I expect him to have a great year. He’ll be starting inside this season. He’ll be our starting punt returner as well, going into year four of our system. He’s been a real leader, and like I said, he’s what you want in your program.
Q. Followup to Mr. Bowles’ question. You’re a fine coach. It’s a great conference, great school, all world offense. I figure there may be 5,000 seniors who start on defense in Texas a year. You recruit from other states. Why can’t you get 10, 15, or 20 who can hold your opponents to 30 points or less a game?
KLIFF KINGSBURY: That’s a great question. I wish I had the answer (laughter). Like I said, that’s something we work on. We haven’t been good enough defensively, and we’ll continue to try and recruit the right players and develop them and get better.
Q. You got a ringing endorsement from Kirby Hocutt after last season, but when looking at the record the past couple of years in conference, how does the pressure this year feel any different or more than in previous seasons?
KLIFF KINGSBURY: I think it comes with the territory. Obviously, we know what’s at stake. We know we have to be much improved. But that’s part of the job. I think that everybody but the four that make the playoff every year are basically on the hot seat in college football. You’re coaching for your job every year, and we know that.
I don’t feel any more pressure than I ever have. I always expect to win and give Texas Tech what it deserves and their fans and their alumni and that university. So to me, we’re moving forward and have tried to improve all our processes, but as far as added pressure, it’s not something we try to dwell upon.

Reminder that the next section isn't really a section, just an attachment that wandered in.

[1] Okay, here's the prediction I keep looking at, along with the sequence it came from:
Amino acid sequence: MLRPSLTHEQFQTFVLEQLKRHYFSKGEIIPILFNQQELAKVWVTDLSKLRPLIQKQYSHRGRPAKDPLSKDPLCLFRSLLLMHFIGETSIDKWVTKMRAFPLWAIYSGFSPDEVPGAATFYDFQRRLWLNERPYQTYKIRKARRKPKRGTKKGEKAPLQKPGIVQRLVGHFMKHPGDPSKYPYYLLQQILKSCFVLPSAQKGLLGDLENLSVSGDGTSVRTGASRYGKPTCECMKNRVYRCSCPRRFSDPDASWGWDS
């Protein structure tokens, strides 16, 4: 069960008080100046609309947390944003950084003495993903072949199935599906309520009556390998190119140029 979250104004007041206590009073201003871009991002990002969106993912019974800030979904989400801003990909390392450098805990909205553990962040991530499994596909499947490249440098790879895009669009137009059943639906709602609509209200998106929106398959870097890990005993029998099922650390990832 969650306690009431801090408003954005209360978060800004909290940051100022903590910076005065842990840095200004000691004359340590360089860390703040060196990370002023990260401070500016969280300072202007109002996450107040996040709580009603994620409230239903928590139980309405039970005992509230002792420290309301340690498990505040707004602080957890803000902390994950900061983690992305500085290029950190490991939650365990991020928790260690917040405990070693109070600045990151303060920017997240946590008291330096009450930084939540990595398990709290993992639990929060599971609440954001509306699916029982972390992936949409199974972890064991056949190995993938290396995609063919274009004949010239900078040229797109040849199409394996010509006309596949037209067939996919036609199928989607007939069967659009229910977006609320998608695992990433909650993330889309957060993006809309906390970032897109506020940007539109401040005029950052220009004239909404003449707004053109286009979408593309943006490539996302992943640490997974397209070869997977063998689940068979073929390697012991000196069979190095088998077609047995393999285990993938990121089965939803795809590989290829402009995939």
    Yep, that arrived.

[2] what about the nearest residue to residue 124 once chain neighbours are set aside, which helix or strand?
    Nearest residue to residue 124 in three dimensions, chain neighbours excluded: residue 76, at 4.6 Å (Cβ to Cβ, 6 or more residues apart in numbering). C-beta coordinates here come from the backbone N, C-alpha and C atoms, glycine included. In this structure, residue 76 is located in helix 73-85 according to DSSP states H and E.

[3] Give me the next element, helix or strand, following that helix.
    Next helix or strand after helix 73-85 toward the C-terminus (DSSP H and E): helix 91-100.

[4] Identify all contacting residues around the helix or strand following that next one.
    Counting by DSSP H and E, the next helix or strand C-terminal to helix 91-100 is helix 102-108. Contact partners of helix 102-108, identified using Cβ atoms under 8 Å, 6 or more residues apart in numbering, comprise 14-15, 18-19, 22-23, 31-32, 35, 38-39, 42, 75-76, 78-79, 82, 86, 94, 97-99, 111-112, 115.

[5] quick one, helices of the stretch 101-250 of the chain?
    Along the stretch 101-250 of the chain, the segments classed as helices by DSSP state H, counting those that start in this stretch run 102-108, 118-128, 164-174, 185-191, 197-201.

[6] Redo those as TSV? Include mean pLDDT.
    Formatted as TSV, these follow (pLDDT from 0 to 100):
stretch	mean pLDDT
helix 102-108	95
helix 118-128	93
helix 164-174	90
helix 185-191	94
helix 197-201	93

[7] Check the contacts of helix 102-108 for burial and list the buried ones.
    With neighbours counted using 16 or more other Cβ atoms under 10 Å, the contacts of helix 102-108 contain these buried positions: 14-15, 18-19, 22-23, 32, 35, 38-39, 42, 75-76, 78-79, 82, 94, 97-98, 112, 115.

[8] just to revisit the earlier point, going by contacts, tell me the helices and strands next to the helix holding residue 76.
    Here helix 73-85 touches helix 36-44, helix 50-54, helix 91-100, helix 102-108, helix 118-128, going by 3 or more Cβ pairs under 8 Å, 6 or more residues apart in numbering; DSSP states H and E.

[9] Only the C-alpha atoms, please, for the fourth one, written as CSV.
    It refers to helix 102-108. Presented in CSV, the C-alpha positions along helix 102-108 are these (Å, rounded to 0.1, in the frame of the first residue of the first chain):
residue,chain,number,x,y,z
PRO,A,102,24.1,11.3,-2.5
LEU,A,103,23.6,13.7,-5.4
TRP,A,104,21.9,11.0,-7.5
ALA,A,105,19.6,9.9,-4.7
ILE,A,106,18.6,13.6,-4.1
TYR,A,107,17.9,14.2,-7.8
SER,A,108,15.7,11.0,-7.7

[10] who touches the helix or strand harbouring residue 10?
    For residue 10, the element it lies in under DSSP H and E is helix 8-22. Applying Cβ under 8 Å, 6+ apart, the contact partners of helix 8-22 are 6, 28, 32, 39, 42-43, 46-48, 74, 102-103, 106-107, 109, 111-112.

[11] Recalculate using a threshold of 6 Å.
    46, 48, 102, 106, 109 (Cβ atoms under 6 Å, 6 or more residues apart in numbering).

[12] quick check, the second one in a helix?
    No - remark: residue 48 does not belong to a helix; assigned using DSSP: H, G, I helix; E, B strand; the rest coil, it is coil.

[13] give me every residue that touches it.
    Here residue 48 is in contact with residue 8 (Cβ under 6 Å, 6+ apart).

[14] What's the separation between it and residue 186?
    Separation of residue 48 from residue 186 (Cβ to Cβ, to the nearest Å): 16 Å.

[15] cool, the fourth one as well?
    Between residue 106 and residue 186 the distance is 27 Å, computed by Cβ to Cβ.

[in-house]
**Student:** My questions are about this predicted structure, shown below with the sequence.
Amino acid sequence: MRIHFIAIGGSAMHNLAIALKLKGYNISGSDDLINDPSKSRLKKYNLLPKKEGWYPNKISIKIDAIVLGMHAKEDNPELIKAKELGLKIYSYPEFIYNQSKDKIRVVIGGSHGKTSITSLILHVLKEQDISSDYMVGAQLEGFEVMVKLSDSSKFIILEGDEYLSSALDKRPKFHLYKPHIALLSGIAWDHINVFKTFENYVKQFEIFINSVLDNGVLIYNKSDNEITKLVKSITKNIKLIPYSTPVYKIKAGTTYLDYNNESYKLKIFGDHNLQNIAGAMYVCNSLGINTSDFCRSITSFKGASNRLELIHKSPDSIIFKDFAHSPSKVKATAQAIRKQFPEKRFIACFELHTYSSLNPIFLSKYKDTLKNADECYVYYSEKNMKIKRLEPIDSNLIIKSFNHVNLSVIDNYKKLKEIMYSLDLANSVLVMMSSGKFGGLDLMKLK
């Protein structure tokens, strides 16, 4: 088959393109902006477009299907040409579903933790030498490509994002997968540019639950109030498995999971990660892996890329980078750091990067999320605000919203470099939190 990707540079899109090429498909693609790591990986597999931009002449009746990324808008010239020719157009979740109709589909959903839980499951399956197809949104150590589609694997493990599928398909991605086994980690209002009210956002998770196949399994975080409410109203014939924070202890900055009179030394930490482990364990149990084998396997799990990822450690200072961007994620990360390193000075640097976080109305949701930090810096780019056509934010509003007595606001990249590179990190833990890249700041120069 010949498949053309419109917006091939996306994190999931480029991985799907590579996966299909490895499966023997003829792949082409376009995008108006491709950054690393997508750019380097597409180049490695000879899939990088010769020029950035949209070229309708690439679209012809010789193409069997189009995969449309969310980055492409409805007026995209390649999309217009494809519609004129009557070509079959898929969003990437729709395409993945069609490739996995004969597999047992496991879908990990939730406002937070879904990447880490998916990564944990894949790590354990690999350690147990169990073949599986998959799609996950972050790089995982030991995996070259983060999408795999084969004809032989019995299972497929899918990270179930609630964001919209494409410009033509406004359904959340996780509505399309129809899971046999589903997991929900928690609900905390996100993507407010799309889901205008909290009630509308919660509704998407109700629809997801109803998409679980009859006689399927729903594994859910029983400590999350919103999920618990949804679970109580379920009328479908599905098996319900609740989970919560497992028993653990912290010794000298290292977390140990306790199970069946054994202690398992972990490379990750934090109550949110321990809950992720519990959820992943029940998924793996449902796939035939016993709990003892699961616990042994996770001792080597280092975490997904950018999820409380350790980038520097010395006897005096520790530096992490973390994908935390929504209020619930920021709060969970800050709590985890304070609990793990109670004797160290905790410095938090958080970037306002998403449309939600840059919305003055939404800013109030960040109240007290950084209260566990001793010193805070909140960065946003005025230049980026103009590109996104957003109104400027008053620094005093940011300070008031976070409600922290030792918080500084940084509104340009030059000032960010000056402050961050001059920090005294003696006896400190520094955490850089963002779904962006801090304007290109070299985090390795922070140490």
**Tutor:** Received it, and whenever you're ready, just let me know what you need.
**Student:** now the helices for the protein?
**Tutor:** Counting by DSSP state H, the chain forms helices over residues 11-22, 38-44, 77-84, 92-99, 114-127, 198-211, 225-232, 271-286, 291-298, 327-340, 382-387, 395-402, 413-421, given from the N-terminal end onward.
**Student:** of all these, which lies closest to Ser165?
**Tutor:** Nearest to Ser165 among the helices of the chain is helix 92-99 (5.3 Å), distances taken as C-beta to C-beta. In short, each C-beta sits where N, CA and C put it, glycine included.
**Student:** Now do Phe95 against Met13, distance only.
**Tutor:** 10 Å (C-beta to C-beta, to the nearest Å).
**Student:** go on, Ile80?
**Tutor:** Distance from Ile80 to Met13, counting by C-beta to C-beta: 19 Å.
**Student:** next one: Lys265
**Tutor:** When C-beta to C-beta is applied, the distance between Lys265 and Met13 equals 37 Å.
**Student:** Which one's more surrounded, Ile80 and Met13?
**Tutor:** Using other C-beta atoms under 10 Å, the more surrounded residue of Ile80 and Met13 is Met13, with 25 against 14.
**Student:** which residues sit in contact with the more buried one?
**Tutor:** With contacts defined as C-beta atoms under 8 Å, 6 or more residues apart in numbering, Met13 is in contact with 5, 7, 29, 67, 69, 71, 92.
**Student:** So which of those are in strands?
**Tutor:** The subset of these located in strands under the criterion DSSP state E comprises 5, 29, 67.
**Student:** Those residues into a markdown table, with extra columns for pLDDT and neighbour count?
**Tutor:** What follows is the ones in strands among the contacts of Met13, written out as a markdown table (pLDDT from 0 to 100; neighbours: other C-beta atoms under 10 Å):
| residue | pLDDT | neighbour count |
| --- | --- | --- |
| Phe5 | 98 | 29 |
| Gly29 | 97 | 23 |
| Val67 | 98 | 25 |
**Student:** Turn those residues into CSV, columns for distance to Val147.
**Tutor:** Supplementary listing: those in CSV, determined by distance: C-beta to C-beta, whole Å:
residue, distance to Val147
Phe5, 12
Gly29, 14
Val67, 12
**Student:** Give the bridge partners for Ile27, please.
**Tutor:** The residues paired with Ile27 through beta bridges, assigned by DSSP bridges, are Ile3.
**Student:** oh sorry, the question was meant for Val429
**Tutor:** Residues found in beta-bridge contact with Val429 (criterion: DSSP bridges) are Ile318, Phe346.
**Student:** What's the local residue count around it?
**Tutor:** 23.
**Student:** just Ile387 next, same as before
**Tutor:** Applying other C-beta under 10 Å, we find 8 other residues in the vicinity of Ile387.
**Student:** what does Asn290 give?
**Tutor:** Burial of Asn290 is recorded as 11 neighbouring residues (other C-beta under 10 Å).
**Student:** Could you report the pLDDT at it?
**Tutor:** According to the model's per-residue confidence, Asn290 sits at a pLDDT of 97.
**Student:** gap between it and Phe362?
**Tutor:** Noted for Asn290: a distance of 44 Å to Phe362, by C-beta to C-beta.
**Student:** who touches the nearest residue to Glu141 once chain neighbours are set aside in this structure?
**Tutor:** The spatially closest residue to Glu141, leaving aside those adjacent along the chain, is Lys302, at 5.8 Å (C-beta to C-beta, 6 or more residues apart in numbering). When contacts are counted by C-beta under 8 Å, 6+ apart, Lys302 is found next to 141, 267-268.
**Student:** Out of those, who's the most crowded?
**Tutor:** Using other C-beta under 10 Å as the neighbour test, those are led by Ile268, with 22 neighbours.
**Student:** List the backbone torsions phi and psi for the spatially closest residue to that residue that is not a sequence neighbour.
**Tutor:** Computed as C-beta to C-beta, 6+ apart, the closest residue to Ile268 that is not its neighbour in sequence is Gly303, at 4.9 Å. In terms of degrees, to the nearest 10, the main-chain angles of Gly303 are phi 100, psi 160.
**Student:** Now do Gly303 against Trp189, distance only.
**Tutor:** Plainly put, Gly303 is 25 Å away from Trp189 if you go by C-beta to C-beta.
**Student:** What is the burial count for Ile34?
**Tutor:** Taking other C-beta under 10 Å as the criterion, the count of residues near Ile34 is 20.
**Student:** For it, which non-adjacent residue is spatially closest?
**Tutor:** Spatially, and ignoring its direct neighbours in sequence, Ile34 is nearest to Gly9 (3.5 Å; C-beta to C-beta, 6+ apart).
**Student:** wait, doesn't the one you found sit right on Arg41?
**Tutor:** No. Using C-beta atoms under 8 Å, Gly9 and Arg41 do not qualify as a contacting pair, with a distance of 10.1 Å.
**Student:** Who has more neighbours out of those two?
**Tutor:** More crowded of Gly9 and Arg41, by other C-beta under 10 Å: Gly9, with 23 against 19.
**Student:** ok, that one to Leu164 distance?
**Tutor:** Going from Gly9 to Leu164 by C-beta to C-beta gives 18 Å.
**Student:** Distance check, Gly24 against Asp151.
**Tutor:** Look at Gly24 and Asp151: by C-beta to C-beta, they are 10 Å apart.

Q. Obviously, Pat Mahomes, large shoes to fill. What have you seen from Nic and the other quarterbacks this spring and summer?
KLIFF KINGSBURY: You don’t replace somebody with that type of talent, obviously, but Nic is a fifth year senior going into his fourth year in our system, knows it inside and out. Really got a ton of reps with our ones last year. There was a four or five-week stretch that Pat didn’t practice during the week, where he hurt his shoulder, and Nic got all those reps. He got some good meaningful time in the games last year and played really well, and this spring, he had a tremendous spring. With this supporting cast around him, we expect him to play at a high level. He’s a tough young man, hardest worker on our team, studies the game inside and out. Was at Iowa, learned a pro style at Iowa; came to Tech, learned our offense. He’s a bright kid, and like I said, I expect him to play at a very high level. I expect him to be very competitive.
Our team loves him because not many players in this day and age would stick around to their senior year to get their time, and he did. That carries a lot of weight with our program.
Q. Coach, the uncertainty following last season can kind of open up the doors for some negative recruiting, things like that. What would you tell a kid that has an offer from Texas Tech but is kind of uncertain about the coaching situation?
KLIFF KINGSBURY: That’s a great question. Obviously, that can be used. Players want to know you’re going to be there. We kind of explain the college football landscape, that coaches come and go. Come to a university because you love what it’s about and you can see yourself there whether the head coach is there or not. That’s why we said it. We have no plans of going anywhere and not being there and we’re working towards that, but, yeah, select a university that you love because coaches come and go.
Q. What’s it going to take to replace a guy like Patrick Mahomes, who’s headed to the NFL? And what are your thoughts on McLane Carter who came in from Tyler Junior College and also Jett Duffey?
KLIFF KINGSBURY: We have to have more of a group effort. We were not very good up front last year as far as running the football and protecting the quarterback. We kept bringing back a senior running back, three senior starting wide receivers and a junior starting wide receiver, so we have experience and skill that’s really going to help Nic, and they’ve got to step their game up.
I think all of us at times just sat there and watched some of the things that Pat could do, and we need to be focused on playing.